The 49ers only deep threat last season was Davis, who had 409 yards on 11 receptions targeted 20 or more yards down the field, most among tight ends (subscription required). Without the addition of a home run threat in the draft, it will be Davis’ job once again to go over the top for big plays.

With the addition of Johnson, however, the 49ers could let Boldin loose deep, as well. Boldin was thrown eight catchable deep balls last season, catching seven of them for 202 yards (subscription required). In Baltimore, Boldin was the second deep-ball option behind Torrey Smith. Perhaps he’ll see his targets go up to Baltimore’s levels, with a healthy Crabtree and Johnson working the short and intermediate routes.

Of course, to use Boldin and Davis deep, the 49ers will be counting on Colin Kaepernick’s deep-ball skills. Kaepernick completed 45.6 percent of his deep passes last year, tied for fifth in the league (subscription required). However, he did this on only 57 attempts, which are hardly Peyton Manning or Drew Brees-like numbers.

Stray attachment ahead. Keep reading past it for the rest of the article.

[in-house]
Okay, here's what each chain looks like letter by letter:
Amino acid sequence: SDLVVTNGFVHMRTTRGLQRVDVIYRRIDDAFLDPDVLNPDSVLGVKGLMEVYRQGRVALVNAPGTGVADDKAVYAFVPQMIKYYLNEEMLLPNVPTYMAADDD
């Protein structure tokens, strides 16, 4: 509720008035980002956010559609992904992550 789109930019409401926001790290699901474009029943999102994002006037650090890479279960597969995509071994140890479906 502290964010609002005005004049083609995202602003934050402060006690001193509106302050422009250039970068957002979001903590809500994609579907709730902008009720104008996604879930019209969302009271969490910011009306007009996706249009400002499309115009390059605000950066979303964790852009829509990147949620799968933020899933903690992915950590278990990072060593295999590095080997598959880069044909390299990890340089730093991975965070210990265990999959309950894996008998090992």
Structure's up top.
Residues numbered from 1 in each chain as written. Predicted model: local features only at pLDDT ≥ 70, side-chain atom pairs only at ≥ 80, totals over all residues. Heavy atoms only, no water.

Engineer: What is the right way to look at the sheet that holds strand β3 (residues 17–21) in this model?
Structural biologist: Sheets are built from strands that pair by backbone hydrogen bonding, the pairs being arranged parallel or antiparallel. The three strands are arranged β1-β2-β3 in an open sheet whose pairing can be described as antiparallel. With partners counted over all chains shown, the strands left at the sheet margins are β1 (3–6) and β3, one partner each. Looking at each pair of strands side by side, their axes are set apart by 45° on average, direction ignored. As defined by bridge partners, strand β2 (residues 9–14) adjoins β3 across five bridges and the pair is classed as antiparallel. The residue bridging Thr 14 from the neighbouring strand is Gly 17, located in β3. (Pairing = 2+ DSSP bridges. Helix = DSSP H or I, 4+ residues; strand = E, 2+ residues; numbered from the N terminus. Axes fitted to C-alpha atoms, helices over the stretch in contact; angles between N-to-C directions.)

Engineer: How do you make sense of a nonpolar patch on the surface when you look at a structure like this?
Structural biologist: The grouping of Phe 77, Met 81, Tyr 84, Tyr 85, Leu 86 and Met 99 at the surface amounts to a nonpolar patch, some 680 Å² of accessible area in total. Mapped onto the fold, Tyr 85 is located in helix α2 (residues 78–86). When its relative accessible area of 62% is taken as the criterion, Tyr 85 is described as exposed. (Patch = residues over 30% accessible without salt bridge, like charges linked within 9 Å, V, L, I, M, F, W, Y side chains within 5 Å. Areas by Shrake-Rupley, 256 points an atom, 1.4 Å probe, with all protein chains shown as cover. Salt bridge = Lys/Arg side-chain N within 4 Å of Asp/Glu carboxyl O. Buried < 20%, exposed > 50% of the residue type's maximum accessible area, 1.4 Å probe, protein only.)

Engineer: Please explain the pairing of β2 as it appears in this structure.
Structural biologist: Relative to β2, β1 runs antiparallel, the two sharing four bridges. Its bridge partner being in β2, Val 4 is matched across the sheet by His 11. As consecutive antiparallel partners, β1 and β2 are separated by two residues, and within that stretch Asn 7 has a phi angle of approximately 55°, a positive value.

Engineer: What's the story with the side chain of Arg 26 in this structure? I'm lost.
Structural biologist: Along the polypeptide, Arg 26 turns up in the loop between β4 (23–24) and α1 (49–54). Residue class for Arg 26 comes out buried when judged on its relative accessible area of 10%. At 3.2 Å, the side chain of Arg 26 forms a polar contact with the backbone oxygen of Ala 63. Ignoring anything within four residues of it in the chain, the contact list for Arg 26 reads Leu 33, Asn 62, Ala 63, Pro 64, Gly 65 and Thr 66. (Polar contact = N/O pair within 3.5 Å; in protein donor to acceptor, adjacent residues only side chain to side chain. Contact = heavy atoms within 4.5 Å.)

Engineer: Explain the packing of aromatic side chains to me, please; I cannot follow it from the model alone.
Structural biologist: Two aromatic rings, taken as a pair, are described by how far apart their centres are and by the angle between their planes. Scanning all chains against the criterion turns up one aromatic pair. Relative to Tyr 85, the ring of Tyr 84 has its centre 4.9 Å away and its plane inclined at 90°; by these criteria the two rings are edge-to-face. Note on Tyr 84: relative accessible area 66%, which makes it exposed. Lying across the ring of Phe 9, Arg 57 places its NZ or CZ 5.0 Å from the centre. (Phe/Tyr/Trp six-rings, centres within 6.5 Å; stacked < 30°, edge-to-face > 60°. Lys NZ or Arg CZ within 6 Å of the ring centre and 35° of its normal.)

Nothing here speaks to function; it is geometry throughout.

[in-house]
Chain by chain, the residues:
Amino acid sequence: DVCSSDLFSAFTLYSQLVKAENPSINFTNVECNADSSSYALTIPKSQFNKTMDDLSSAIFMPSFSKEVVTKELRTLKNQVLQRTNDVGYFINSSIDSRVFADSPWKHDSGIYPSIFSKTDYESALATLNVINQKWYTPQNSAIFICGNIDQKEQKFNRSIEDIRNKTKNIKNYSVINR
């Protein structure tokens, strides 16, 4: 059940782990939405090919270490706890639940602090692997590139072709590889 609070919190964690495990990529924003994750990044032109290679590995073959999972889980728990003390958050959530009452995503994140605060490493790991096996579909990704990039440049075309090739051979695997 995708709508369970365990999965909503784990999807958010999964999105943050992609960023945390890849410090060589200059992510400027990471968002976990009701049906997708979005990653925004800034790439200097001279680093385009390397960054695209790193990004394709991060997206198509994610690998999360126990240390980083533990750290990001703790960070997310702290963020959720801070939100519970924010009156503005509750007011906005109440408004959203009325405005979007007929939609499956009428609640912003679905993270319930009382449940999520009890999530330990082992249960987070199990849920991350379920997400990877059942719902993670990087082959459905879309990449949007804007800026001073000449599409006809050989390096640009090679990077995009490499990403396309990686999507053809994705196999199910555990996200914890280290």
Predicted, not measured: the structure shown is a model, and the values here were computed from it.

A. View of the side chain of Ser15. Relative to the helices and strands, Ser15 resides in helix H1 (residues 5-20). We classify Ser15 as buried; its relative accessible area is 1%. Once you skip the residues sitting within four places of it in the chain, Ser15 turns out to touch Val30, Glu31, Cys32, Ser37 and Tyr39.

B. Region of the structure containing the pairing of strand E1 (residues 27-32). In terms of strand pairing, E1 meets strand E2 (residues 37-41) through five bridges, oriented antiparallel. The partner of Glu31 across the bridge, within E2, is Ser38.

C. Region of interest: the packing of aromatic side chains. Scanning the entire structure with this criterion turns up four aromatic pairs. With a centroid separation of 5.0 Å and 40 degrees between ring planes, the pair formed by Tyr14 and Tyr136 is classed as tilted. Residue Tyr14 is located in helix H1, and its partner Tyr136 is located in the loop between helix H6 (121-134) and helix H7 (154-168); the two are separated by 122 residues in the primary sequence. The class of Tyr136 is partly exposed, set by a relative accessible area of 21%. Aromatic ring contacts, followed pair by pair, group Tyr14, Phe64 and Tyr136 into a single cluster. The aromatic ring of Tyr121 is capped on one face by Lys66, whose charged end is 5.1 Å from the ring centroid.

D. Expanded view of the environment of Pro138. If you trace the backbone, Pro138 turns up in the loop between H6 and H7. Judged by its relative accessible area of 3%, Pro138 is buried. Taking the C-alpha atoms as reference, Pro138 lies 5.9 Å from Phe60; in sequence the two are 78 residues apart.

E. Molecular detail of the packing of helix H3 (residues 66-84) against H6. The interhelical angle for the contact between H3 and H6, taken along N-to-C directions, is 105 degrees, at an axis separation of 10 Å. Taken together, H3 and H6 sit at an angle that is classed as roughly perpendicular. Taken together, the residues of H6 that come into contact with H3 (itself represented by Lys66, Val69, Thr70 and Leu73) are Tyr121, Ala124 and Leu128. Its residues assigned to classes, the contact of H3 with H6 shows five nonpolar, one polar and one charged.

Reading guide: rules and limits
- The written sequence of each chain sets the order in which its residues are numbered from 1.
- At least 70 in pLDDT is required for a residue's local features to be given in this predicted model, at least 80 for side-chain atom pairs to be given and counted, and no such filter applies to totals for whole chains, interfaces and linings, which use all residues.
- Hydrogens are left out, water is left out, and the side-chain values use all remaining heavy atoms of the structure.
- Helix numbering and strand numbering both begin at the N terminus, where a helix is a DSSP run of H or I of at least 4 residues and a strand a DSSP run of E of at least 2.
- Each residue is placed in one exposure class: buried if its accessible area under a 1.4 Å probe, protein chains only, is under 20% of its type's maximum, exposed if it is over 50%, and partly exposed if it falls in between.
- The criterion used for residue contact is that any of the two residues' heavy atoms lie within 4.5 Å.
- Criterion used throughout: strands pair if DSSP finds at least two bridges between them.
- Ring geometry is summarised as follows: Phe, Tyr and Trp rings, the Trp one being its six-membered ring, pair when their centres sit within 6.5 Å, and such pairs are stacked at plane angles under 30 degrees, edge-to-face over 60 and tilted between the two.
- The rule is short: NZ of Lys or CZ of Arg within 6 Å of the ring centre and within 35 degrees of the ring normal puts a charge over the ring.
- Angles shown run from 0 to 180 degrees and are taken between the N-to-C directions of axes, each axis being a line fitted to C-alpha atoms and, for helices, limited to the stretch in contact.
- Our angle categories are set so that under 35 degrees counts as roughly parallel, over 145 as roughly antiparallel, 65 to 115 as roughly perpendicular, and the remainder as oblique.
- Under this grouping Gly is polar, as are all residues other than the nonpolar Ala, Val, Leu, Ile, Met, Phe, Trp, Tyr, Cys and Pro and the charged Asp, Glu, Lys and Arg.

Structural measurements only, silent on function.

Kaepernick was accurate with the deep ball in 2013.
Kaepernick was accurate with the deep ball in 2013.Ted S. Warren/Associated Press

If Kaepernick can keep his accuracy at that level while upping his number of attempts, the 49ers have the potential to have a solid deep passing attack this season. It also would open up more room for Crabtree and Johnson to work underneath.

If Stevie Johnson can do things like this on a regular basis, and with the return of a healthy Crabtree for the entire season, the 49ers offense is bound to take off.